Debaters argue whether the practice of fracking is doing more harm than good. Natural gas, touted for its environmental, economic, and national security benefits, is often thought of as the fuel that will “bridge” our transition from oil and coal to renewables. The ability to extract natural gas from shale formations through a method called hydraulic fracturing has unleashed vast, untapped sources—by some estimates, the U.S. now sits on a 100-year supply. But contamination from toxic chemicals used in the fracking process has been the source of increasing health and environmental concerns. Can natural gas be part of a clean energy solution, or is it a dangerous roadblock to a fossil-free future? Presented in partnership with The Aspen Ideas Festival"
John Donvan is a correspondent for ABC News Nightline. He has served as ABC White House Correspondent, along with postings in Moscow, London, Jerusalem and Amman.
Deborah Goldberg is a Managing Attorney at Earthjustice, the world's first and largest nonprofit environmental law firm, where she focuses on legal advocacy and litigation related to global warming and environmental health. Originally established as the Sierra Club Legal Defense Fund, Earthjustice provides legal representation--at no cost--to more than 1,000 clients, ranging from large national groups such as the Natural Resources Defense Council and the National Audubon Society, to smaller community coalitions, such as Friends of the Everglades. Before joining Earthjustice, Goldberg was the Democracy Program Director of the Brennan Center for Justice at NYU School of Law.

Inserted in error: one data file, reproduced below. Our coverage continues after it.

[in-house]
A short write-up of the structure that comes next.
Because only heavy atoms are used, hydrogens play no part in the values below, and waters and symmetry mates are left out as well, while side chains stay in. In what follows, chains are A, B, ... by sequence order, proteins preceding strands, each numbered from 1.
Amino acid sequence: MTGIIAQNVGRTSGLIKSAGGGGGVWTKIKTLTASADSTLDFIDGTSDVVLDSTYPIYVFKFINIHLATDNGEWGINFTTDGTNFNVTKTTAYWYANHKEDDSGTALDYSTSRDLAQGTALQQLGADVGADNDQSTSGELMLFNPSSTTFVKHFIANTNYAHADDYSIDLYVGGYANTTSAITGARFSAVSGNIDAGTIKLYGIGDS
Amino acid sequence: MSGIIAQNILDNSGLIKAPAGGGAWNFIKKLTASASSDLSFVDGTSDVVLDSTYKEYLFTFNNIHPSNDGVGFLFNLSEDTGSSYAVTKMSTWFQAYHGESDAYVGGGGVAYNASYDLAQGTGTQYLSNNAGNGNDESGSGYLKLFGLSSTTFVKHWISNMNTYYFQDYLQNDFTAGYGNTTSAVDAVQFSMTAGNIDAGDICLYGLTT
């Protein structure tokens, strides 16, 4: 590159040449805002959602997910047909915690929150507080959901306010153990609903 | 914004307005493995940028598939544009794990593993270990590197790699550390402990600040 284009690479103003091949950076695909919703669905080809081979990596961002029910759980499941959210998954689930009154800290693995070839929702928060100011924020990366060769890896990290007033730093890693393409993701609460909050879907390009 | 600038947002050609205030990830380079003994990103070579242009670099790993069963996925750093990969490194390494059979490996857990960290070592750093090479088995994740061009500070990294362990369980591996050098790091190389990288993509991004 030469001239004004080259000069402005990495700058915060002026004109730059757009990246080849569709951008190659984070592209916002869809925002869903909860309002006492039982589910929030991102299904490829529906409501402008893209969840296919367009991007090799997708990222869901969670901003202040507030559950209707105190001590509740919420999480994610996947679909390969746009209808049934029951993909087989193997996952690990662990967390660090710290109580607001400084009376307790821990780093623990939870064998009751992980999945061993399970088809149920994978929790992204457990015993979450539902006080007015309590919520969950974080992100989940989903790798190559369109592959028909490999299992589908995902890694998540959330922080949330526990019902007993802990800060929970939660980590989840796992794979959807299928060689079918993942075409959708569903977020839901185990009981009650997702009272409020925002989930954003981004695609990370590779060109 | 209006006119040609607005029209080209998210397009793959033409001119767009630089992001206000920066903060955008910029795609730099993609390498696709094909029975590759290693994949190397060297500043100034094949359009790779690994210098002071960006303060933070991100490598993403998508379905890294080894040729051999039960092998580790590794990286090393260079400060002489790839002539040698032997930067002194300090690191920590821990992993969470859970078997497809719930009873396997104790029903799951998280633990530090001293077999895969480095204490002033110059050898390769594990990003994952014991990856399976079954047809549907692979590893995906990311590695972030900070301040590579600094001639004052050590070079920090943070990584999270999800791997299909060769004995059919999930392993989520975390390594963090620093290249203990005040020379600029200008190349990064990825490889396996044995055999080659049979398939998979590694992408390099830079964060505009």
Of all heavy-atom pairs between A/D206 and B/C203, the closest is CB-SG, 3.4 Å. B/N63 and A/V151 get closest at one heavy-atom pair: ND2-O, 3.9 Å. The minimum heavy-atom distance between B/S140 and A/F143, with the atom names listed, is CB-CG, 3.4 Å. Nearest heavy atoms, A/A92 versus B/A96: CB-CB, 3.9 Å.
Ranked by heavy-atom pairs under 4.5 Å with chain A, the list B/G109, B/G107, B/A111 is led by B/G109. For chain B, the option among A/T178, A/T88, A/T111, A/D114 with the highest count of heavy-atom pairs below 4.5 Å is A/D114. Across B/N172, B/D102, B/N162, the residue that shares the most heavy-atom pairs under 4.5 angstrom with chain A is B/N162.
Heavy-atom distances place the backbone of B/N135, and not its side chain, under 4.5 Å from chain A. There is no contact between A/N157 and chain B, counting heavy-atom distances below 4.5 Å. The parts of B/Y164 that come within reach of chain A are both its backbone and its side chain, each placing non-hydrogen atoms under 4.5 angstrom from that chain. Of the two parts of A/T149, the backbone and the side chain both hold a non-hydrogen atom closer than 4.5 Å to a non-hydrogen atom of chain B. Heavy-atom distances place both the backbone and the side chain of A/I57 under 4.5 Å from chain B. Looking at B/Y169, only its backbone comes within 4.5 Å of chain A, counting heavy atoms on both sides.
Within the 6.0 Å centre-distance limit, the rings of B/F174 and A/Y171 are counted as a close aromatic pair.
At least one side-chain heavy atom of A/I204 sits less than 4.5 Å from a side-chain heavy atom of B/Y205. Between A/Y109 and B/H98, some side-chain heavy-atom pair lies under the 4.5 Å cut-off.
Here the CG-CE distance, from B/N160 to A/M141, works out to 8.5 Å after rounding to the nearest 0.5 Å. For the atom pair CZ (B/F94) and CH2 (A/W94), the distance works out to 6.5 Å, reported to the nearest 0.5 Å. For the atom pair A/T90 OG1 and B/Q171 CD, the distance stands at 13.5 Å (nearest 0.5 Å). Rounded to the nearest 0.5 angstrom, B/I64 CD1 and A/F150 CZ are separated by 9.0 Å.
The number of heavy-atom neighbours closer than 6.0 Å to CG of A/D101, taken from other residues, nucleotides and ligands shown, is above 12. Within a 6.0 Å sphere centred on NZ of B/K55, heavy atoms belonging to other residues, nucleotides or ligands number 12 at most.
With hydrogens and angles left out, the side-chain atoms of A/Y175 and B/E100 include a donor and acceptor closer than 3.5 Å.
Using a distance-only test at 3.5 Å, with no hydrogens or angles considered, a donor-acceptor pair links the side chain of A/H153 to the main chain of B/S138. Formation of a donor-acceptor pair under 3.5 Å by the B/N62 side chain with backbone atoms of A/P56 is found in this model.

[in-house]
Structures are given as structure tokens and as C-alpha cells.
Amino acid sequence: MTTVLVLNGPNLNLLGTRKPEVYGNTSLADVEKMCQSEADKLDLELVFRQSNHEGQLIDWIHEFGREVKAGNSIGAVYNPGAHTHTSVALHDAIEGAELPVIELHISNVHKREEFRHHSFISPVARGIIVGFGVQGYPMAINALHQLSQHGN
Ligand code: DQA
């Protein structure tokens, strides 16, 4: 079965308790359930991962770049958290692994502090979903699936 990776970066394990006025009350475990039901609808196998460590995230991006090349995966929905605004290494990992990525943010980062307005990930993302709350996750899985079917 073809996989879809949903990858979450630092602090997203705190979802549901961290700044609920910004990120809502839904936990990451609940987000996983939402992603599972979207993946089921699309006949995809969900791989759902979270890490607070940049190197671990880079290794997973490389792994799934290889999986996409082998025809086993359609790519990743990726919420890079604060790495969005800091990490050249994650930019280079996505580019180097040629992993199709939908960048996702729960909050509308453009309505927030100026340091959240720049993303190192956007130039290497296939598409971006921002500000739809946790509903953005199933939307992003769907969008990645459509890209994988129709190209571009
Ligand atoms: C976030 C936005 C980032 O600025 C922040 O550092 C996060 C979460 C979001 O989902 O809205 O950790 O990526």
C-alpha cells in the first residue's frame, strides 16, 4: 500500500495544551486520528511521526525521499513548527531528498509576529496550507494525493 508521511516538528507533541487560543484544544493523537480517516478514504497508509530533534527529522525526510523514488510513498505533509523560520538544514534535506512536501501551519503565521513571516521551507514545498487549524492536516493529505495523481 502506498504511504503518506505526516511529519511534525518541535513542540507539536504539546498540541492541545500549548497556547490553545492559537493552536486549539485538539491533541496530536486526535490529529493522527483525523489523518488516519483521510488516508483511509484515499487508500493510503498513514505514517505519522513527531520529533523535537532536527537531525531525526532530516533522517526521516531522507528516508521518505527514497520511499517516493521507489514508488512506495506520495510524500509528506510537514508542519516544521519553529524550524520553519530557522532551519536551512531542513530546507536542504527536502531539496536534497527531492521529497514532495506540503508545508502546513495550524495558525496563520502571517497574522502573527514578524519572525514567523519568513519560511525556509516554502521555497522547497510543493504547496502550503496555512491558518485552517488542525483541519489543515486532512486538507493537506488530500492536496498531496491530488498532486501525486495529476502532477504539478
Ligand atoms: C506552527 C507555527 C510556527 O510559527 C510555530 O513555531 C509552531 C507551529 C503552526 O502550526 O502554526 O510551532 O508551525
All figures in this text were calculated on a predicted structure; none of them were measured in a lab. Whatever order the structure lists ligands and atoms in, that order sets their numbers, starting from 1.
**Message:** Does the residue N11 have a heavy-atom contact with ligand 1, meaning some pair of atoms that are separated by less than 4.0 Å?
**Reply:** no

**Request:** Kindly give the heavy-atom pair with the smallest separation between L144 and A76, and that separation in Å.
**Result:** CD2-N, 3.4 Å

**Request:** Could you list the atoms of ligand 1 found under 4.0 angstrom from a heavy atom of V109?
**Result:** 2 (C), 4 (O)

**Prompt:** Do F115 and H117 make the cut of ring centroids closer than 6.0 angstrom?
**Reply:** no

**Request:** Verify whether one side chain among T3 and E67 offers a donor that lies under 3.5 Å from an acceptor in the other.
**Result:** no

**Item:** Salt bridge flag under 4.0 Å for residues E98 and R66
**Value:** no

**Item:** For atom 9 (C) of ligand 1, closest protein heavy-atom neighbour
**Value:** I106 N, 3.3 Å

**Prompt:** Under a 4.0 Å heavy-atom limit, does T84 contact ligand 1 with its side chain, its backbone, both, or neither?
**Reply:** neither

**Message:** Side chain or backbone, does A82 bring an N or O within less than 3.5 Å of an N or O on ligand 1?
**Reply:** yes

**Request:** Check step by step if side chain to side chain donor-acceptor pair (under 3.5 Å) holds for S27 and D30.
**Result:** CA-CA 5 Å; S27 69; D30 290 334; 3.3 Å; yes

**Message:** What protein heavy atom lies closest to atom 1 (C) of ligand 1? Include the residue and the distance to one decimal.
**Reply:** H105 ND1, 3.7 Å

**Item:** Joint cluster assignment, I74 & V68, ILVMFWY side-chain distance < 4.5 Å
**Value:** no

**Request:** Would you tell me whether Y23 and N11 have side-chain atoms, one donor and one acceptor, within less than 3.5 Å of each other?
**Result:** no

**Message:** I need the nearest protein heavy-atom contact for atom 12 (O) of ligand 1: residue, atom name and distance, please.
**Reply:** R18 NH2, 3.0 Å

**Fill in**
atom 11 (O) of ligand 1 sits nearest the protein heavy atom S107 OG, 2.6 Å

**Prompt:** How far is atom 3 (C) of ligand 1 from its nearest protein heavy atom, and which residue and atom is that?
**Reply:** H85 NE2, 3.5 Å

Katherine Hudson is the Watershed Program Director at Riverkeeper, a member-supported watchdog organization dedicated to defending the Hudson River and protecting the drinking water supply of nine million New York City and Hudson Valley residents. It is led by President Paul Gallay and its Chief Prosecuting Attorney Robert F. Kennedy Jr. Hudson joined Riverkeeper after nearly 25 years spent in government protecting the environment of New York State. Hudson has been Assistant Attorney General in the office's Environmental Protection Bureau, and has served in the New York State Department of Environmental Conservation, working in all program areas, including air quality, water quality, solid and hazardous waste and mining.
Joe Nocera is an op-ed columnist at The New York Times. Before joining the opinion pages in 2011, he wrote the Talking Business column and was a staff writer for The New York Times Magazine. He also serves as a regular business commentator for NPR’s “Weekend Edition.” Before joining the Times in 2005, Nocera spent ten years at Fortune, where he held a variety of positions, including contributing writer, editor-at-large, executive editor, and editorial director. He was the Profit Motive columnist at GQ until May 1995, and he wrote the same column for Esquire from 1988 until 1990. Nocera has won three Gerald Loeb Awards, including the 2008 Award for Commentary, and three John Hancock Awards for excellence in business journalism. He is the author of three books, including All the Devils Are Here: The Hidden History of the Financial Crisis.
Susan Tierney is a Managing Principal at Analysis Group, where she specializes in the electric and gas industries. She has consulted to companies, governments, non-profits, and other organizations on energy markets, economic and environmental regulation and strategy, and energy facility projects. A former Assistant Secretary for Policy at the U.S. Department of Energy and state public utility commissioner, she is a member of the Bipartisan Policy Center's energy project and the Secretary of Energy's Advisory Board. She was appointed to the National Petroleum Council and serves as an ambassador for the U.S. Clean Energy Education & Empowerment program, an initiative of the Department of Energy and MIT.
In the debate whether America's natural gas boom is doing more harm than good, the panelists argue whether finding a solution at home liberates the United States from conflict for oil in the Middle East.
In his opening argument, Joe Nocera, columnist for the New York Times, asserts that fracking and other energy capturing initiatives at home improve our global security by ending our dependence on foreign oil.
In her opening argument, Deborah Goldberg of Earth Justice asserts that fracking is an overhyped initiative that will continue to feed our addiction to fossil fuels and further deteriorate our environment.